After the French retreat from Vietnam in 1954, Moroccan soldiers in the French army who had rallied to the Viet Minh, such as Dung’s biological father Houmanne Ben Mohamed, remained in Vietnamese cooperatives, together with their Vietnamese wives. As an art historian with an interest in Visual Culture, I am fascinated by the material remains of these cooperatives, and particularly a monument made by a cattle-raising Moroccan-Vietnamese settlement. I am talking about a gate, inspired by the 1732 Bab Al Mansour Gate in Meknes in Morocco. This gate features on the cover of your book and in your title, and is concrete, tangible evidence of the existence of a Moroccan-Vietnamese community between past and present, between countries, and between lives “here” and “there.” Nelcya, can you describe the monument to us and elaborate on when, how and why it was made?
It was made between 1956-1964 with sand, earth, cement, white paint, and that's it. They had a picture though, to help them. Their commissioner brought them a French dictionary, a Larousse, and there was a picture of the Meknes door. So that helped them with decoration and proportion. He supported their decision to do that because he liked them, he was really a warm guy, but he was very worried about repetitive unruly demonstrations, because by then they still had no inkling of when they would go back. And his superiors were getting very nervous about his incapacity at ruling them. So he gave them his support with material, with this picture, and with encouragement, and they built it. At the same time, they were working on the premises. They had to clear the jungle that had invaded the property that had belonged to a French farmer, who had cows, and they found the cows that were wandering around. They planted vegetables and raised chickens. They became popular because they were producing butter and milk that was sold in Hanoi to the European Red Cross. And the Vietnamese wives who they had married were unusual, because why would you marry a Moroccan guy who in Vietnamese would be called a “black European”? It was not very popular. They were outcasts for one reason or another. With the Moroccans, they had children and founded families.
Now the life they had while doing all this hard work was unusual for these men from the countryside, because they were paid for it, and not a bad pay. The families could see doctors if and when necessary, the children went to school, everybody spoke Vietnamese. So gradually everybody, and particularly the men, they were proud of themselves, because of the dignity that they were given, and which they had never experienced before, was such that they were grateful forever. Even when I interviewed them, and despite the fact that they were angry at their “hosts,” they still respected the dignity they gave them. As they wanted to go home, but couldn’t for reasons incomprehensible to them, and pending that, they insisted they would finish that door, a Moroccan door with three arches. The arch in the middle is taller and larger. The two arches on the side are not as tall and they are sculpted with flowers, leaves, a small crown. [The gate] has strong pillars. In fact, it was very strong because when I found it in 2000, it was still there. It had not been destroyed, and was just looking great, with cobwebs and moss and rain stains, but it just needed polishing and it was just there, gorgeous. According to me, it symbolizes national pride and their declaration of sovereignty as Arabs, as Moroccans, as Muslims, with a king and a country they were going to go back to. For me, 50 years later, it has become a stone archive.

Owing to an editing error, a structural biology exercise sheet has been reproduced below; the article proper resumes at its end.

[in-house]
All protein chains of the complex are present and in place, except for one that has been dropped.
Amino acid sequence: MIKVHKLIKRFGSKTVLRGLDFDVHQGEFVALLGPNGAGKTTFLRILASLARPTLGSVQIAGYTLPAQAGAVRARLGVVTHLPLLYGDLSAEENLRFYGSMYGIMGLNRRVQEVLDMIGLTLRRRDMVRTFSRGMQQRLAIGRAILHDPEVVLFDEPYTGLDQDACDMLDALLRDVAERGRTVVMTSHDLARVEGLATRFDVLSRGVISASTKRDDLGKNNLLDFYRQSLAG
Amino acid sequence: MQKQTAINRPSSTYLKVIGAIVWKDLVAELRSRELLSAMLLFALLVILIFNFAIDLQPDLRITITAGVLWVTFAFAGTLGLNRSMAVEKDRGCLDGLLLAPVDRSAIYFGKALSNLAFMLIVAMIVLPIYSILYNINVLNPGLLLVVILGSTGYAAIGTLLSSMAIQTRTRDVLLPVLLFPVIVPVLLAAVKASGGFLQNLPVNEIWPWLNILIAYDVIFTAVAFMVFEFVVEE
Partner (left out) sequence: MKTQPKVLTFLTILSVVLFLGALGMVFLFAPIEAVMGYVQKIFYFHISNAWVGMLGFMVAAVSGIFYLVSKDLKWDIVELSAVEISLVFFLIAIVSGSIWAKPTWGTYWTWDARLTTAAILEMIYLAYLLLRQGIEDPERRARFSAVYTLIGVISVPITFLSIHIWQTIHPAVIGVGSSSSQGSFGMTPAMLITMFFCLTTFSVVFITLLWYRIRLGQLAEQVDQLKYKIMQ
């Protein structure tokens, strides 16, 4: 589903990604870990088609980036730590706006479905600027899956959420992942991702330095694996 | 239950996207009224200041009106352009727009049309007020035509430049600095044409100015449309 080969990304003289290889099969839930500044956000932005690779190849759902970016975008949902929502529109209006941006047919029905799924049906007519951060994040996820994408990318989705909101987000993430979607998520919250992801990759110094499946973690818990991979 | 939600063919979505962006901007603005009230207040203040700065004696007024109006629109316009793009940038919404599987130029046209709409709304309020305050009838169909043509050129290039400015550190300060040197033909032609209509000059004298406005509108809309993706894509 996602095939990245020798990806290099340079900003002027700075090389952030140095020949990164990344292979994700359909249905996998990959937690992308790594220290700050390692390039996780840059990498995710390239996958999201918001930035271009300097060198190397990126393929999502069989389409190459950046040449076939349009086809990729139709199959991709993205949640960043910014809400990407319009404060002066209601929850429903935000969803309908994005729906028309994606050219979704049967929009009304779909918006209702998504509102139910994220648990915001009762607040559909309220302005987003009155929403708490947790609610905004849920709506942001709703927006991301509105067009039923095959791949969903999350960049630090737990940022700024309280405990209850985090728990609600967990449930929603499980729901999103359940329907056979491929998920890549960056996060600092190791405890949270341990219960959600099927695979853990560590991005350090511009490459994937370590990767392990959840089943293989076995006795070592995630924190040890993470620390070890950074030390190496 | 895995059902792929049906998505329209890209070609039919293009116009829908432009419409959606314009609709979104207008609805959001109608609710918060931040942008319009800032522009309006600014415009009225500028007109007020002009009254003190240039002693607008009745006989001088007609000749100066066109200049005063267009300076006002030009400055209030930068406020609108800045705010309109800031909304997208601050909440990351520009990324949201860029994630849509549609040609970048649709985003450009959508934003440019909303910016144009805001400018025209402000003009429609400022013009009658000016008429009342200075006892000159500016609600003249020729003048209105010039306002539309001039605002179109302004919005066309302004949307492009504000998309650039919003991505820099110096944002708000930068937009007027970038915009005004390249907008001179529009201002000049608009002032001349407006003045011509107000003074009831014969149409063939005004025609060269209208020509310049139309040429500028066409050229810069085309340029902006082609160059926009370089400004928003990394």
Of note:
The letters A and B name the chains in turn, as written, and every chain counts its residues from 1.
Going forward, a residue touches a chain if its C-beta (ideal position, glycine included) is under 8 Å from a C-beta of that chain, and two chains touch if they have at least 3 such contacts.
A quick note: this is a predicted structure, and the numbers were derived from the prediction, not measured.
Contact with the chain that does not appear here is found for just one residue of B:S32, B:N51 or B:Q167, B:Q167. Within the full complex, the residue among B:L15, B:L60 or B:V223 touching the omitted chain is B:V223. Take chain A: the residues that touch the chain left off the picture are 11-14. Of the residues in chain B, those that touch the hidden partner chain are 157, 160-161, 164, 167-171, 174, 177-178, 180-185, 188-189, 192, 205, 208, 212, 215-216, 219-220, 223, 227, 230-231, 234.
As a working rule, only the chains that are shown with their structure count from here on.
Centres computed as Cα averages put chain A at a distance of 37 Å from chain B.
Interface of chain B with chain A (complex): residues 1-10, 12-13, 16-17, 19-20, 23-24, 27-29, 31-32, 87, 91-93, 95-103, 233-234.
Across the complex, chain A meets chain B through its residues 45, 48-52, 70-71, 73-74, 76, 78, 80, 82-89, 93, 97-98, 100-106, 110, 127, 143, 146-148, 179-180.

In addition to the gate, to which we will return once more at the end of our conversation, your book includes two other figures. This is a map of Morocco and a partial map of Vietnam. you have captioned the maps “Map of ‘their’ Morocco” and “Map of ‘their’ North Vietnam.” Caroline, can you explain the captions? What does “their” mean?
“Their Morocco” shows the cities or regions where most of them originated from, including the capital and the places that symbolize their country, their kingdom. Not all of them were literate, so they probably didn't know much about their own country, also because they left quite young and they were from rural areas in Morocco, but at least they knew a few places, a few important cities. We didn't want to use a regular map of Morocco or Vietnam because that didn’t make sense: you can find that everywhere. We wanted something that shows what Morocco represented to them and what Vietnam represents to them, because also they didn't know the whole country of Vietnam, only the places where they had fought during the war, where they had stayed after the war, the different camps where they had settled, and that was their Vietnam.
This transcript has been heavily edited and abridged. The original interview includes a wealth of further details and discussion. To hear to the full conversation, listen and subscribe to The Channel podcast: https://shows.acast.com/the-channel
Paramita Paul is Chief Editor of The Newsletter.